Number of U.S. Millionaires Still Below Pre-Recession Highs
Yesterday Spectrem Group announced that the number of Millionaires in the U.S. had climbed to 8.6 million. These households have a net worth of over $1 million, not including their primary residence. Millionaire households hit their peak at the end of 2007 at 9.2 million but took a precipitous 27 percent drop in 2008 to end at 6.7 million households. With the improvement of the stock market, the number of millionaire households is returning. Spectrem also indicated that there are 13.8 million households with $500,000 plus net worth and 36.7 million households with over $100,000 of net worth. Only 107,000 households have over $25 million of net worth.
Slow Down in Chinese Manufacturing Index Frightens Markets
The HSBC purchasing managers index that was released today shows that manufacturing in China shrank for the fifth month in a row, as reported by Reuters. The reading came in at 48.1, compared to 49.6 in February. A reading of 50 or above indicates expansion in an economy. New factory orders are at a four month low of 46.2. Despite the slower growth in the manufacturing index, China's economy is expected to have a gross domestic product of 8 percent and industrial production of 11-12 percent. While this is the slowest growth for China in over a decade, it still meets the government's goal of 7.5 percent. Markets worldwide are reacting to the slower production.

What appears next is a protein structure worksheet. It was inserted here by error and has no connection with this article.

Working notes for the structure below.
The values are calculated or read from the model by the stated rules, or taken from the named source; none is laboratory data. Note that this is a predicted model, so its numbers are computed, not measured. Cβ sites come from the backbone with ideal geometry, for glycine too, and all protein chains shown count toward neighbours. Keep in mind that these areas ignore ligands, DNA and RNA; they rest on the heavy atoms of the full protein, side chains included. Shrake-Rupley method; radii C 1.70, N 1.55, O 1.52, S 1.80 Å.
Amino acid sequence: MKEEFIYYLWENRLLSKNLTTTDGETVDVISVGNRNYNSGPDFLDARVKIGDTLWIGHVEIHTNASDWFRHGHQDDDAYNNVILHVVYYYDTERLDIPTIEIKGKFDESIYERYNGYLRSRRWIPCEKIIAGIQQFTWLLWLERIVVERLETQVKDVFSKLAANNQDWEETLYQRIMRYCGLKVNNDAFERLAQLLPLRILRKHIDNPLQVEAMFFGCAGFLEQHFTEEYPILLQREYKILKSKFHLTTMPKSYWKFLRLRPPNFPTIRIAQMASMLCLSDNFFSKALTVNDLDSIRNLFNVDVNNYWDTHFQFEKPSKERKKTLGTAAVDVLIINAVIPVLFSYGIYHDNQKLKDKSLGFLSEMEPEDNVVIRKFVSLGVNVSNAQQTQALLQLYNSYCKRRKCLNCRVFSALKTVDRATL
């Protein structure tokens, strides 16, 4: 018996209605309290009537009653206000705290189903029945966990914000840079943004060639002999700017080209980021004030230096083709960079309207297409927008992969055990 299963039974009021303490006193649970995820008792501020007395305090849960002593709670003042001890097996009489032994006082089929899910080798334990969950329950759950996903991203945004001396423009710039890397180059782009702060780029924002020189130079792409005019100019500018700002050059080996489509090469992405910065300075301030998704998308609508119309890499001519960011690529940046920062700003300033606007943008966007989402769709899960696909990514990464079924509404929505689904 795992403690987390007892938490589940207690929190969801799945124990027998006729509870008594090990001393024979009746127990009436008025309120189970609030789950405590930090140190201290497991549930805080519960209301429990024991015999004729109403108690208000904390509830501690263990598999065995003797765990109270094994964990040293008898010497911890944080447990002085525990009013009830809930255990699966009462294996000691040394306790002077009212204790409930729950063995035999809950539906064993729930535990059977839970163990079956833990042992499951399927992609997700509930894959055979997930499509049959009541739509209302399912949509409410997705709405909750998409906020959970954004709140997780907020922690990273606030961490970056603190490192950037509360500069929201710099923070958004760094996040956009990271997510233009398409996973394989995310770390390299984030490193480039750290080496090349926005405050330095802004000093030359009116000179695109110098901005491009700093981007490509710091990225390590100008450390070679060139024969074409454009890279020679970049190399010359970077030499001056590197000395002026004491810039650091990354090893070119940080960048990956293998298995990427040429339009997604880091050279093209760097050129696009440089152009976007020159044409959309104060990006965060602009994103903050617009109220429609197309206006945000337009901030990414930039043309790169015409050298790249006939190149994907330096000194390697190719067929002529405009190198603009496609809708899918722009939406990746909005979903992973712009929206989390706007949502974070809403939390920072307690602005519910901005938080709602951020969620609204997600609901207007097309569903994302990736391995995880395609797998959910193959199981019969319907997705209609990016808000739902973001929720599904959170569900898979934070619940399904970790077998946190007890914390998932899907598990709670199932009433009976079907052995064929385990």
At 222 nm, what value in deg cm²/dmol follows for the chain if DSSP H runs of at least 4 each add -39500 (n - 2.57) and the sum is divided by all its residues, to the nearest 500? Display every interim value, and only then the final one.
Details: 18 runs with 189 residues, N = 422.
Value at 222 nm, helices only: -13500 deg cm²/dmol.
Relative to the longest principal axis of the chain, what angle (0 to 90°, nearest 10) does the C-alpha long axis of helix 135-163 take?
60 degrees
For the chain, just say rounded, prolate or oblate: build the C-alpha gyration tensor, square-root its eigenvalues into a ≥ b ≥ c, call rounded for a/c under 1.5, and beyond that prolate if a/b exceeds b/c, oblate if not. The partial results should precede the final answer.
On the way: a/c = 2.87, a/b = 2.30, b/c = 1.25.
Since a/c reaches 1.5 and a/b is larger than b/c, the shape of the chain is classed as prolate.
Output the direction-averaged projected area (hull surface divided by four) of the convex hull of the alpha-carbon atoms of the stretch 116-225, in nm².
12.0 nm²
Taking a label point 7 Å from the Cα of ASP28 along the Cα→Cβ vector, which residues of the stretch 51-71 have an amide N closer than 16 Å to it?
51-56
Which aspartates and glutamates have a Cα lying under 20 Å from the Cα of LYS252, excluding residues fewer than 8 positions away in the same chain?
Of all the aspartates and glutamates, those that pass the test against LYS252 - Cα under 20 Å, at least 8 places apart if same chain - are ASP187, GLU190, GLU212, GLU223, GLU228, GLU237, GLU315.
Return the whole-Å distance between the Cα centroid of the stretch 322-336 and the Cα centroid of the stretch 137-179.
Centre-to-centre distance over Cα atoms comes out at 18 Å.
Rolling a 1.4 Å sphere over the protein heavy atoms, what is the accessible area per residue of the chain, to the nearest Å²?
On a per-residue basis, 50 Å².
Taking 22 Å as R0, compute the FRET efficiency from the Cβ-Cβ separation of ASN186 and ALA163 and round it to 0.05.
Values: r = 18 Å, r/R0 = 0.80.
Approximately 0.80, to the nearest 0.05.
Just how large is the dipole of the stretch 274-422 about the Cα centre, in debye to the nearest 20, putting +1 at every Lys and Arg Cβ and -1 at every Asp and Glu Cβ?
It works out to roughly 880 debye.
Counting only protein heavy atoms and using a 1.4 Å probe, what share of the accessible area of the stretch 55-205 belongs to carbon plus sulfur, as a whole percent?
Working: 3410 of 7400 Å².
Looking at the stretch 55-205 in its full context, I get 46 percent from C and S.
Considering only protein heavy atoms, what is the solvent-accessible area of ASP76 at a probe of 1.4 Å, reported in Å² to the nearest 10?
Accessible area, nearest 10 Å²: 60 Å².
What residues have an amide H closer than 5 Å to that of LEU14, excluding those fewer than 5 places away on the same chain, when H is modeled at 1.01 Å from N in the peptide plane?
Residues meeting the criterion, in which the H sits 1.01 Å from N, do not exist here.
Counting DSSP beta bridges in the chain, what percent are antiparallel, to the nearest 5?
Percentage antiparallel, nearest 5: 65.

U.S. Money Market Funds Re-Investing in European Debt
The ten largest money market funds, who manage 45 percent of the money funds in the U.S. or about $1.46 trillion, increased the amount of European debt they held by 21 percent at the end of February compared to the end of January of this year. The Wall Street Journal reports that in May of 2011 they held 30 percent of their funds in European debt, which was the high point. That was reduced significantly, and even though confidence is building, they still hold 60 percent less in total European debt than in May of last year. Experts believe the worst of the crisis has been averted, however, managers are still avoiding debt from Italy and Spain.
Housing Market Begins to Breathe
The U.S. housing market may be showing signs of recovery, according to an article in the Wall Street Journal. In January the sales of existing homes was at its highest since 2007, but fell 0.9 percent in February. Still experts from Home Services, a Berkshire Hathaway Company, believe there will be 10 percent growth this year, compared to the initial flat line approach. Housing prices are about one third lower than before the recession, and with the economy picking up, people may begin purchasing again, despite the tough credit standards. The spring selling season, according to experts, is off to its best start in 5 years. Additionally, Home Depot reports that consumers are once again purchasing items to conduct major repairs.
Ford to Build $1 Billion Plant in India
Ford is pushing forward with a $1 billion factory in India that will build 240,000 cars annually and 270,000 engines for both domestic use and export, according to the Associated Press. While the numbers of Ford cars purchased in India slowed to about 82,639 cars from April to February, Ford still anticipates investing about $2 billion in India in the next few years, especially building and promoting its popular Figo brand. The gross domestic product for India dropped to 6.9 percent last year down from 8.3 the prior year. With the slowing economy, the Indian consumers have been holding back on purchases.